Ledgers are so powerful because they can strongly govern a systems behavior. It becomes very easy to set hoops for participants to jump through, or to put up walls to chaperone them away from certain actions. And thus they’re an extremely useful tool for space design.
Notably however, it can be extremely hard to prevent early stakeholders from a winner takes all situation. And this can destroy your space if you are not careful. When a few stakeholders have won, they effectively burn the value of the system because nobody else can participate. Then everybody just leaves and starts up a new space with a new set of more fair rules based on their hard won insight.
PUTTING IT ALL TOGETHER
Today it is easier and easier to spin up a new space. We have servers in the cloud, social forums, web apps — all kinds of technology which makes it easier to create your own worlds. As well, today we uniquely have the ability to use public ledgers and math to make very secure, very low cost cheap and efficient money systems. What makes this special is that you can invent your own kinds of money, with your own kinds of rules. And you can try variations on rules and ideas that would have been impossible to try before.
This isn’t to say that it is “easy” — it’s very hard; but it’s less impossibly hard than it used to be.
To build new worlds I think we just have to recognize that we are the architects of space — and give ourselves permission to try.
If we have a frustration with the status quo, then it may make sense to try something new. To build a community with peers, to build your own rules, your own economics — to try think through who the stakeholders are, how to enfranchise them; how to prevent concentrations of power. There are many good discussions to be had about consent, how power can be deputized without creating unfair representation, restorative justice when people break the rules, what are reasonable expectations to have of the people around us and so on. Of course our new spaces touch existing spaces — and then further questions arise about how to co-exist gracefully, or where to delegate power. In particular where the physics of a new space are anchored in our natural ecosystem it’s worth asking how can we most gracefully support the silent stakeholders who don’t have a voice — say for example how can we work with the trillions of microorganisms around us to produce outcomes that maximize long term diversity, vision and success for all parties?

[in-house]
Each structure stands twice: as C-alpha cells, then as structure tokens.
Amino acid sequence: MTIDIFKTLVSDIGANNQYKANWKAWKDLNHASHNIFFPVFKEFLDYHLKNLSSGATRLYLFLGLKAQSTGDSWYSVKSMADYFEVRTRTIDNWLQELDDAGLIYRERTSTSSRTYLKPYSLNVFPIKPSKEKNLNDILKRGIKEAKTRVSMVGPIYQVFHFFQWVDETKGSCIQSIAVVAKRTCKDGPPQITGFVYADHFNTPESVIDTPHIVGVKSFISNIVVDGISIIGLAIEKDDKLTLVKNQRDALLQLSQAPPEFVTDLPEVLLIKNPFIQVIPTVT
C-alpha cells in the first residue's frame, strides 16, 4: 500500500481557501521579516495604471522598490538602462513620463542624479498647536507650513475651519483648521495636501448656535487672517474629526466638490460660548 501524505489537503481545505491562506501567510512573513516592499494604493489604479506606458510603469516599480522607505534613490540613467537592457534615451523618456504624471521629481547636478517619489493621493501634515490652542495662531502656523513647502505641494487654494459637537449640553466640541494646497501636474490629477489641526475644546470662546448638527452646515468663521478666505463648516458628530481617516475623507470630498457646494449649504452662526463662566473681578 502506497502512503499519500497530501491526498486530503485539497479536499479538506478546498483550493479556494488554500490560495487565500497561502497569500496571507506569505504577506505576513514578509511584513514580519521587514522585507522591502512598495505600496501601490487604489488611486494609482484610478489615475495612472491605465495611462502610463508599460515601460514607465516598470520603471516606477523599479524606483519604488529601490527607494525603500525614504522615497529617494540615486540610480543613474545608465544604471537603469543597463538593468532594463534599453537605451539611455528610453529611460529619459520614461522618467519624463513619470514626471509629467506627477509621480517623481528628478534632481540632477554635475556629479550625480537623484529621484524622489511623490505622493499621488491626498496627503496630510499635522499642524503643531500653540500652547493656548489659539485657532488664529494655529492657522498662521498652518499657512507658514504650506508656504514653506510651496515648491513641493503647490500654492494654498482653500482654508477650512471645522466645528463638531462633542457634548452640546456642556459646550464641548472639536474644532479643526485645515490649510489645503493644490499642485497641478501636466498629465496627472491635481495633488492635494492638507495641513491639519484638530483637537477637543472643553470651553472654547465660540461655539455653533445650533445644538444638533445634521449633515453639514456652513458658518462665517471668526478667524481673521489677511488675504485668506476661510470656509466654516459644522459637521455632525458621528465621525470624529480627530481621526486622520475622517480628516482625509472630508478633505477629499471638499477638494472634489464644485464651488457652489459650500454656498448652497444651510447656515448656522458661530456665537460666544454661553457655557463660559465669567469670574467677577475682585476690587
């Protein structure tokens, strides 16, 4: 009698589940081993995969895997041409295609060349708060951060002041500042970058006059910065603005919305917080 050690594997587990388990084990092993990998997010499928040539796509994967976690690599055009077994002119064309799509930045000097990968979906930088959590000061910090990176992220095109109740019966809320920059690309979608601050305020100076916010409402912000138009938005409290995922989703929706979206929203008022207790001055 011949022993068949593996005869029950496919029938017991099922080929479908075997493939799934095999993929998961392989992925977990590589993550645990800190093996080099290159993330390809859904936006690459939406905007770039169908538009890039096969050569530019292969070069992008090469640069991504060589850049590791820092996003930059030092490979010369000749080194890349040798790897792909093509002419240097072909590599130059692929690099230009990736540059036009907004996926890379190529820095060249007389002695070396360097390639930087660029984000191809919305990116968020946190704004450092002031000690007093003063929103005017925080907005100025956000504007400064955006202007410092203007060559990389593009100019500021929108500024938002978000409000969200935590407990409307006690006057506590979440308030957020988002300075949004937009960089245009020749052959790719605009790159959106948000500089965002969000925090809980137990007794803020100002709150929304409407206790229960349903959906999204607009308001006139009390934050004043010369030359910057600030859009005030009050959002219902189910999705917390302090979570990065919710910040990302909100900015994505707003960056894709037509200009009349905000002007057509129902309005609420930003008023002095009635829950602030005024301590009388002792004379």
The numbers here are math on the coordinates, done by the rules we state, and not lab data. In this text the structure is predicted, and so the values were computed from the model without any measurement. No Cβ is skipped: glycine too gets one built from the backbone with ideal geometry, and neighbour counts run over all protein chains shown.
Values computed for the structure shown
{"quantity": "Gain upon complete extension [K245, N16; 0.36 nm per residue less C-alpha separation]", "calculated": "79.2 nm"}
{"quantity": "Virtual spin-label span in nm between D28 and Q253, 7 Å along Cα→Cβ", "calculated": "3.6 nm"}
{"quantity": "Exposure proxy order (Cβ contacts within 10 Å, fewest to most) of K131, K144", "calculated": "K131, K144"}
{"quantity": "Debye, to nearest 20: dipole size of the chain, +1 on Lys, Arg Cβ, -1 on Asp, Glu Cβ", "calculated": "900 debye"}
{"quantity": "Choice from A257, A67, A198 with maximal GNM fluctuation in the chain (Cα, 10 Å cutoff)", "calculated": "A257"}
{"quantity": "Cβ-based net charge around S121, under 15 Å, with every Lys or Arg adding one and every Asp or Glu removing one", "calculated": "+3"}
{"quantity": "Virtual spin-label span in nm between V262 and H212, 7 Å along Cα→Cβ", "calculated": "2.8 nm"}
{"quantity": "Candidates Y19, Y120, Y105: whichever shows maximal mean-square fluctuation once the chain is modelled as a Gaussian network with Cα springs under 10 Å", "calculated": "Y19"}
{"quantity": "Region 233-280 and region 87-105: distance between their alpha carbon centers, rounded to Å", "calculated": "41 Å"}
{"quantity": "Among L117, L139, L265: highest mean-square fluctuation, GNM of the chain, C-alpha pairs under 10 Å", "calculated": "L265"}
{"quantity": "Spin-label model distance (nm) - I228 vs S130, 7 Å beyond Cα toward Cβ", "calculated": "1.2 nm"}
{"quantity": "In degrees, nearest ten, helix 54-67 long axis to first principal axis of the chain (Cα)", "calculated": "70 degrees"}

This by and large is already happening. It’s happening increasingly quickly online, it’s happening in many socially libertarian communities such as the sea-steading communities. We see it in revolutionary approaches to farming, we see it in listening more carefully to indigenous voices that already worked through a lot of these issues centuries ago.
There’s a chance that what we make may have more impact that we realize. Although many of the new spaces we are building today start out online, they offer a powerful reading in of our physical spaces. And there’s a good chance that good ideas from these new worlds will come back to rewrite our existing worlds.
Finally although we may feel powerless, it is important to recognize that we do have power, we do have new frontiers, and that we can create, play, explore and have agency and that agency may be what we need right now. Building our own worlds may be just the ticket for us to find the freedom we yearn for and these explorations may come back to help conversations that we thought were intractable.
If you are interested in these conversations please join us for our event https://futureofmicropayments.web.app on November 5th 9:00 AM PST.